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Psychopathic personality and negative parent-to-child affect: a longitudinal cross-lag twin study
Department of Psychology, University of Southern California, Los Angeles, United States. (CAPS)ORCID iD: 0000-0001-8768-6954
Department of Psychology, University of Southern California, Los Angeles, United States.
Departments of Criminology, Psychiatry, and Psychology, University of Pennsylvania, Philadelphia, United States.
Department of Psychology, University of Southern California, Los Angeles, United States.
2013 (English)In: Journal of criminal justice, ISSN 0047-2352, E-ISSN 1873-6203, Vol. 41, no 5, p. 331-341Article in journal (Refereed) Published
Abstract [en]

Purpose: Previous studies that have explored the relationship between parenting style and children's antisocial behavior have generally found significant bidirectional effects, whereby parenting behaviors influence their child's antisocial outcomes, but a child's behaviors also lead to changes in parenting style.

Methods: The present study investigated the genetic and environmental underpinnings of the longitudinal relationship between negative parent-to-child affect and psychopathic personality in a sample of 1,562 twins. Using a biometrical cross-lag analysis, bidirectional effects were investigated across two waves of assessment when the twins were ages 9-10 and 14-15, utilizing both caregiver and youth self-reports.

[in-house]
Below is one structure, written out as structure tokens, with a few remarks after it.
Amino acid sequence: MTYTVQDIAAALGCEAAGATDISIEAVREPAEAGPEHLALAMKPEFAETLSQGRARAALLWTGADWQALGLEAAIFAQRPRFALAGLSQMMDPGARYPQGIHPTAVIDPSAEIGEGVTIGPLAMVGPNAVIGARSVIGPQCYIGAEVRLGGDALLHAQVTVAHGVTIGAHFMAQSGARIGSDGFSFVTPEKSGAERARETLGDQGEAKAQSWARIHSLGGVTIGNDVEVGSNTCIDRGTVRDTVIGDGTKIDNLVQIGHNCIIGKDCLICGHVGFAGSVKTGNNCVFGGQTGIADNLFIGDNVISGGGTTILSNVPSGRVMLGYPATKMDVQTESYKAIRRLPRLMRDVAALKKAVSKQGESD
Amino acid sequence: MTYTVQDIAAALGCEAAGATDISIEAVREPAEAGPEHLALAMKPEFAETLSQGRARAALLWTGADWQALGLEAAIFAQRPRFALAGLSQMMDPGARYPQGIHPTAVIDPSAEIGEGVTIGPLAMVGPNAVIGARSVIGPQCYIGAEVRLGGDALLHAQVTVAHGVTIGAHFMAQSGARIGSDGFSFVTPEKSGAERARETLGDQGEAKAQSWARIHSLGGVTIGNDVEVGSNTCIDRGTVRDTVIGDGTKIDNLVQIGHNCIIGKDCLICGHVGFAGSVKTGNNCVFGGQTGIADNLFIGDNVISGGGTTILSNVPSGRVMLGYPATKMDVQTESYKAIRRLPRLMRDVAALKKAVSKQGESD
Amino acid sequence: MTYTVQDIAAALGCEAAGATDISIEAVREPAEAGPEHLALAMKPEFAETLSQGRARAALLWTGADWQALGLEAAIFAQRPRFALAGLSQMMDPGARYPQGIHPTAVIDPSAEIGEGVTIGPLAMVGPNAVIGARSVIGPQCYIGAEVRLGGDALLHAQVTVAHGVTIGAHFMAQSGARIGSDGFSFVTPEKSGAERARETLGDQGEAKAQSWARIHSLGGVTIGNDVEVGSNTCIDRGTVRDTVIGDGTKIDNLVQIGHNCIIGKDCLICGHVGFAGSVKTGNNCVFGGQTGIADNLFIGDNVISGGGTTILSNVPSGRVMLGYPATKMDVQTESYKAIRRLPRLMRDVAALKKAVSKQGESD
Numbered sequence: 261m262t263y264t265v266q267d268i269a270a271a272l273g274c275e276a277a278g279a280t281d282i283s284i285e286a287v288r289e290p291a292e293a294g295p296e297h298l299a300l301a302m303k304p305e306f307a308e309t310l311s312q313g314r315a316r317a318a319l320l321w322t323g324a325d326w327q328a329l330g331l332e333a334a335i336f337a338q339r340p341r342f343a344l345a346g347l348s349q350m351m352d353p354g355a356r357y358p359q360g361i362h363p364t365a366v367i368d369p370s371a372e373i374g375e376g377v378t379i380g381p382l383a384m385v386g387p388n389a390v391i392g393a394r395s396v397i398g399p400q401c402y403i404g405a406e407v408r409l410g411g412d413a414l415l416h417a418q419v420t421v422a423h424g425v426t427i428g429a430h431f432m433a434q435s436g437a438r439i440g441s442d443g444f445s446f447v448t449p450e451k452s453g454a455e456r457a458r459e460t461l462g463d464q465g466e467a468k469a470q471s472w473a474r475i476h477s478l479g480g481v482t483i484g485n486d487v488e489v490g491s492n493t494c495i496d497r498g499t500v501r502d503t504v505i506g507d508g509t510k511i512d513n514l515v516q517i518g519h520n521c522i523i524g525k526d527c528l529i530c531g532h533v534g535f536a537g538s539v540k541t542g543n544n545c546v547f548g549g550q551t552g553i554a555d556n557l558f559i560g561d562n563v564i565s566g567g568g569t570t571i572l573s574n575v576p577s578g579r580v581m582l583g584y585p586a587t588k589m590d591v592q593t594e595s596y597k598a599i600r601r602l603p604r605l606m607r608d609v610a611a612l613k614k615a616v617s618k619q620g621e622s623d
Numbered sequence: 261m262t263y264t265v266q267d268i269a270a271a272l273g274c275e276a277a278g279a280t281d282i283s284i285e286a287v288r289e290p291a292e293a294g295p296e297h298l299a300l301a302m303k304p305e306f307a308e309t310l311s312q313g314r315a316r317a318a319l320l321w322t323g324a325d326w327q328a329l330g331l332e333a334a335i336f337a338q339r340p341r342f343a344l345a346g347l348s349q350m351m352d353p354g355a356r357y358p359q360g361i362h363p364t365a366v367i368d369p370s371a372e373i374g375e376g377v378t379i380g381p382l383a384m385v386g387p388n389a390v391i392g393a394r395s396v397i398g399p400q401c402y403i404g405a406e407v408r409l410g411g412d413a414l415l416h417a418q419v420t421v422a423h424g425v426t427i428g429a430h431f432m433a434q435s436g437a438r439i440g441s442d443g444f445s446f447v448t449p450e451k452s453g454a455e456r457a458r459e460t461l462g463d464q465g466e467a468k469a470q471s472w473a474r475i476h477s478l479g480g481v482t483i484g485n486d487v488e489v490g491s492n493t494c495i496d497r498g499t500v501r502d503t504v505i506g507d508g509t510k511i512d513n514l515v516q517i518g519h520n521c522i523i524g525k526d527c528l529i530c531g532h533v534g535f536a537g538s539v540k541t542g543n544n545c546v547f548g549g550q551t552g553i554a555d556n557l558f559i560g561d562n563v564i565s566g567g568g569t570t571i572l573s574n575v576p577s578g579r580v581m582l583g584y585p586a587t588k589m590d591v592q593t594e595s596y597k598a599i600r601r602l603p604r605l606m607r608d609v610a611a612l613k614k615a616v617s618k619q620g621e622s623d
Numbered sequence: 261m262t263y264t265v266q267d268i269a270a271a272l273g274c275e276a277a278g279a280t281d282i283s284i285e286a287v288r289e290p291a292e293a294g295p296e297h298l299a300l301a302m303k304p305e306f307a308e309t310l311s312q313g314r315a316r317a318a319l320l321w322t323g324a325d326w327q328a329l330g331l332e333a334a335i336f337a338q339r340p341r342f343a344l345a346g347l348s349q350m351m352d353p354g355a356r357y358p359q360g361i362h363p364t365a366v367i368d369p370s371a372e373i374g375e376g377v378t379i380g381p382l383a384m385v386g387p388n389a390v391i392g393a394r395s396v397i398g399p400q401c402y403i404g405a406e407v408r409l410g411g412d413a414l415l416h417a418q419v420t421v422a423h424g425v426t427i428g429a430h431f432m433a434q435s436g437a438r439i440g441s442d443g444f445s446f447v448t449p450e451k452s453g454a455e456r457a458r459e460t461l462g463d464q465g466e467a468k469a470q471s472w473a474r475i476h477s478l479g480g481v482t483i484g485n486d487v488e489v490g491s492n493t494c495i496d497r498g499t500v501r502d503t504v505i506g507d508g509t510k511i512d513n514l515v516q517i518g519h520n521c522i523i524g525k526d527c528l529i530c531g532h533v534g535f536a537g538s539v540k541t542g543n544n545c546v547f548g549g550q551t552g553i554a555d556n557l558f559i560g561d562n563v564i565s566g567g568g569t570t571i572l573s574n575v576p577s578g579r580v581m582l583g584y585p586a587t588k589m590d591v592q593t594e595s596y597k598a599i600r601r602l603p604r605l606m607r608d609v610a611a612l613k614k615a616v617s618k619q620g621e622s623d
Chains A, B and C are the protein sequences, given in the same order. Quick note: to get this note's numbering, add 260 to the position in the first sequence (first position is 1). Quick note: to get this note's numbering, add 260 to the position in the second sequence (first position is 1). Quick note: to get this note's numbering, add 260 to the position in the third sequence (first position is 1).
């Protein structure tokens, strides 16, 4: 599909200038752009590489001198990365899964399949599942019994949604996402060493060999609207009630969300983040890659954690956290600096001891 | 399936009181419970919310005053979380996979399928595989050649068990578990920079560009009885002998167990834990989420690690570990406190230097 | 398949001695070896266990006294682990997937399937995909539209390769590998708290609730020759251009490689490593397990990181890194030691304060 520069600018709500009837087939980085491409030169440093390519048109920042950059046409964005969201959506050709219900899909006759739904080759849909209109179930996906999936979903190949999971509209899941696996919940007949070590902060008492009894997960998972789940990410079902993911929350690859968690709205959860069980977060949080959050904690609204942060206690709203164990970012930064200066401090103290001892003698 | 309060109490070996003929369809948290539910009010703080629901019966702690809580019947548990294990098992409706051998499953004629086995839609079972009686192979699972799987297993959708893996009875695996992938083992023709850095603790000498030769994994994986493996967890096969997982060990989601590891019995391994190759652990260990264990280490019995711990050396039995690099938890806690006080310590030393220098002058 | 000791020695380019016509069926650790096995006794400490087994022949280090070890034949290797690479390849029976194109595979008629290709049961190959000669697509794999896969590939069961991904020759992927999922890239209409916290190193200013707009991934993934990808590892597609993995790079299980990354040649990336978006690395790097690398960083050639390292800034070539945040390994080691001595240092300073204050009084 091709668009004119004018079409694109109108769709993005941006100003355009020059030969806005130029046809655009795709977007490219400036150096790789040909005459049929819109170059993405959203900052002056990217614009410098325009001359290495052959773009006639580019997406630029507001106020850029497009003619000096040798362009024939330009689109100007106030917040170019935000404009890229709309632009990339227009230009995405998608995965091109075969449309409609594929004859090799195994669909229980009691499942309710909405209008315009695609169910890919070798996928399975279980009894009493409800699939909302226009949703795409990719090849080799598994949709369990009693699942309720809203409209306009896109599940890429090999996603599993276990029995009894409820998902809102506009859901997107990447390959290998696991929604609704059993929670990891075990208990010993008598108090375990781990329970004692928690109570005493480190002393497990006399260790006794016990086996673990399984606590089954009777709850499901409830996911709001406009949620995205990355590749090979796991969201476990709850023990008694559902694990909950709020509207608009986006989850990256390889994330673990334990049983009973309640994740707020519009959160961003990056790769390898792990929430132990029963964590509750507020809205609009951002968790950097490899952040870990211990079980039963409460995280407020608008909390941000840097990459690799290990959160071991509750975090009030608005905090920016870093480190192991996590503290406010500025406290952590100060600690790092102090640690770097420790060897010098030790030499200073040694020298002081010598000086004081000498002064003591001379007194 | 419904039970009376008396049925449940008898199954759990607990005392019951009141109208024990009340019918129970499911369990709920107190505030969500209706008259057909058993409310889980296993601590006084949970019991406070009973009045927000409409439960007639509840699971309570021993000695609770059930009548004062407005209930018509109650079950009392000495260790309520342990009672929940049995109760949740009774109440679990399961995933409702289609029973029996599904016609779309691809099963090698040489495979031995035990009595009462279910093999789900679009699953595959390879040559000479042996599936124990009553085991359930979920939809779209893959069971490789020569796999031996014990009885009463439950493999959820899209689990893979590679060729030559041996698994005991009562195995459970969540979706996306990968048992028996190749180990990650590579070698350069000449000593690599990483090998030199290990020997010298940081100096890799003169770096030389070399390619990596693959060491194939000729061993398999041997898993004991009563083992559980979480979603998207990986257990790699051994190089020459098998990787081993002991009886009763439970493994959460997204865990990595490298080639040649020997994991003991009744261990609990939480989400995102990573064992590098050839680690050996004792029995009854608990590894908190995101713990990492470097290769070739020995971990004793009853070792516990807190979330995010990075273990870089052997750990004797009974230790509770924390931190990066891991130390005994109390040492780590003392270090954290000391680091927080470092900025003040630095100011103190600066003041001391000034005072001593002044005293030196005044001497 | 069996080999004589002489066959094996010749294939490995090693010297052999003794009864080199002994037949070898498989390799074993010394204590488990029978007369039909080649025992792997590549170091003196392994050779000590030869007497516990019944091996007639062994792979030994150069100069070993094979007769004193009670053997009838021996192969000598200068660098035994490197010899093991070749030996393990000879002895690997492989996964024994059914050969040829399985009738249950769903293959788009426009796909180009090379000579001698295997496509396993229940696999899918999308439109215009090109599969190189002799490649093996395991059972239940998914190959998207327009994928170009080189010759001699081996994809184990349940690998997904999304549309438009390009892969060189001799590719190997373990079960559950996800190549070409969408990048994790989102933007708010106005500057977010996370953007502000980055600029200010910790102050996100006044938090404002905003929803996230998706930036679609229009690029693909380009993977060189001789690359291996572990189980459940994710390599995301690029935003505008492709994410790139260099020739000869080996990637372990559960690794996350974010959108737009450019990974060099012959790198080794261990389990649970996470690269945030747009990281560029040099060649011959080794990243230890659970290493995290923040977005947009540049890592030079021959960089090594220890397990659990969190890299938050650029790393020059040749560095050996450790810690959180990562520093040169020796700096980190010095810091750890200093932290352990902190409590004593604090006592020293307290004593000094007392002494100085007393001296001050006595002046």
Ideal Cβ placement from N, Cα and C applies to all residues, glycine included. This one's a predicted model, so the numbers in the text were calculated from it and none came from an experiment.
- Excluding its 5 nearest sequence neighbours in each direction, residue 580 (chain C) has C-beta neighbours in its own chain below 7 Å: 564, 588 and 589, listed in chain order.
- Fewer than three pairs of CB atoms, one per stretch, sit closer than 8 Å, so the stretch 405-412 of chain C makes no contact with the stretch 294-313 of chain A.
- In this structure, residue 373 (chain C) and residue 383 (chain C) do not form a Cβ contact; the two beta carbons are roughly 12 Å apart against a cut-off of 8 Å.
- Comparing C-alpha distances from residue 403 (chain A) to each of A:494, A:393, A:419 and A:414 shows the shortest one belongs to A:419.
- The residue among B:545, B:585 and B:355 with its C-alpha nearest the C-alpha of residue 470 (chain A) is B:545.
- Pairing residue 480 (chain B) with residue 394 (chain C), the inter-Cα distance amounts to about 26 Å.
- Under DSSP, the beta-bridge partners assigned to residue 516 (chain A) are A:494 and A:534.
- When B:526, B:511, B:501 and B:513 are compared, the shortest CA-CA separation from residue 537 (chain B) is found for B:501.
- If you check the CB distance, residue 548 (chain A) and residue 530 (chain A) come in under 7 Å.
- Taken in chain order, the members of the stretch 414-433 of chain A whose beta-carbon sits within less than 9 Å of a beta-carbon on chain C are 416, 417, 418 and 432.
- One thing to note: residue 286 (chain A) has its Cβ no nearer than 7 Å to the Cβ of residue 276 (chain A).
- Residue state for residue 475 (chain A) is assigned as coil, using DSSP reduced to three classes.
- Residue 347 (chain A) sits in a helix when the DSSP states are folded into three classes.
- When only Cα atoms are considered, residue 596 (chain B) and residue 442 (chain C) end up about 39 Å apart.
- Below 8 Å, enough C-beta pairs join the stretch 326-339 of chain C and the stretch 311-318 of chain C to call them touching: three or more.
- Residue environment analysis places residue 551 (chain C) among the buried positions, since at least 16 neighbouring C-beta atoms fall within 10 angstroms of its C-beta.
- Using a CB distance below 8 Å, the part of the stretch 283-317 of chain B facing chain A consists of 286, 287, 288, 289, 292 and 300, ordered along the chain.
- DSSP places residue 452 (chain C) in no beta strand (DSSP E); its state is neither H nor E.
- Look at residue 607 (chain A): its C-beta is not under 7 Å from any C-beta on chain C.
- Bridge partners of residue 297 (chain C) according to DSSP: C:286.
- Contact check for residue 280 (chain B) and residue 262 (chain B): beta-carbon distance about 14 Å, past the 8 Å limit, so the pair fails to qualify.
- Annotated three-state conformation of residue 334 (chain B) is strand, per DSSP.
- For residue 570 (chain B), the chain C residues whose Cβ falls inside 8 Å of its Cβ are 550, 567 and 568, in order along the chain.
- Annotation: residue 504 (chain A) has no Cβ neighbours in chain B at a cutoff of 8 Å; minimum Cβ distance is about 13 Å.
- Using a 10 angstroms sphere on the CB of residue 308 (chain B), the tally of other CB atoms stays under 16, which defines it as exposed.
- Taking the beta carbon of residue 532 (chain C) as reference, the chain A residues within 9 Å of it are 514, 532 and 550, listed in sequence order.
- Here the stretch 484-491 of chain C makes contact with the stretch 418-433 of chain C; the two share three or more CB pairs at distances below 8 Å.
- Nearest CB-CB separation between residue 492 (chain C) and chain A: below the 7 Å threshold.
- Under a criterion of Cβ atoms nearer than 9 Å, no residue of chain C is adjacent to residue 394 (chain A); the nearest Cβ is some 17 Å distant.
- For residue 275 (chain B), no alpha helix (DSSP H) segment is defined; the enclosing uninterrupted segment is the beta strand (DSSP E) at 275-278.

Results: Results demonstrated that negative parental affect observed at ages 9-10 influenced the child's later psychopathic personality at ages 14-15, based on both caregiver and youth self-reports. For these 'parent-driven effects', both genetic and non-shared environmental factors were important in the development of later psychopathic personality during adolescence. There were additional 'child-driven effects' such that children's psychopathic personality at ages 9-10 influenced negative parent-to-child affect at ages 14-15, but only within caregiver reports.

Conclusions: Thus, children's genetically influenced psychopathic personality seemed to evoke later parental negativity at ages 14-15, highlighting the importance of investigating bidirectional effects in parent-child relationships to understand the development of these traits.

Place, publisher, year, edition, pages
2013. Vol. 41, no 5, p. 331-341
National Category
Psychology
Research subject
Psychology
Identifiers
URN: urn:nbn:se:oru:diva-41076DOI: 10.1016/j.jcrimjus.2013.07.001ISI: 000324608000009PubMedID: 24223446Scopus ID: 2-s2.0-84883449448OAI: oai:DiVA.org:oru-41076DiVA, id: diva2:779537
Available from: 2015-01-13 Created: 2015-01-13 Last updated: 2018-05-22Bibliographically approved

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Tuvblad, Catherine

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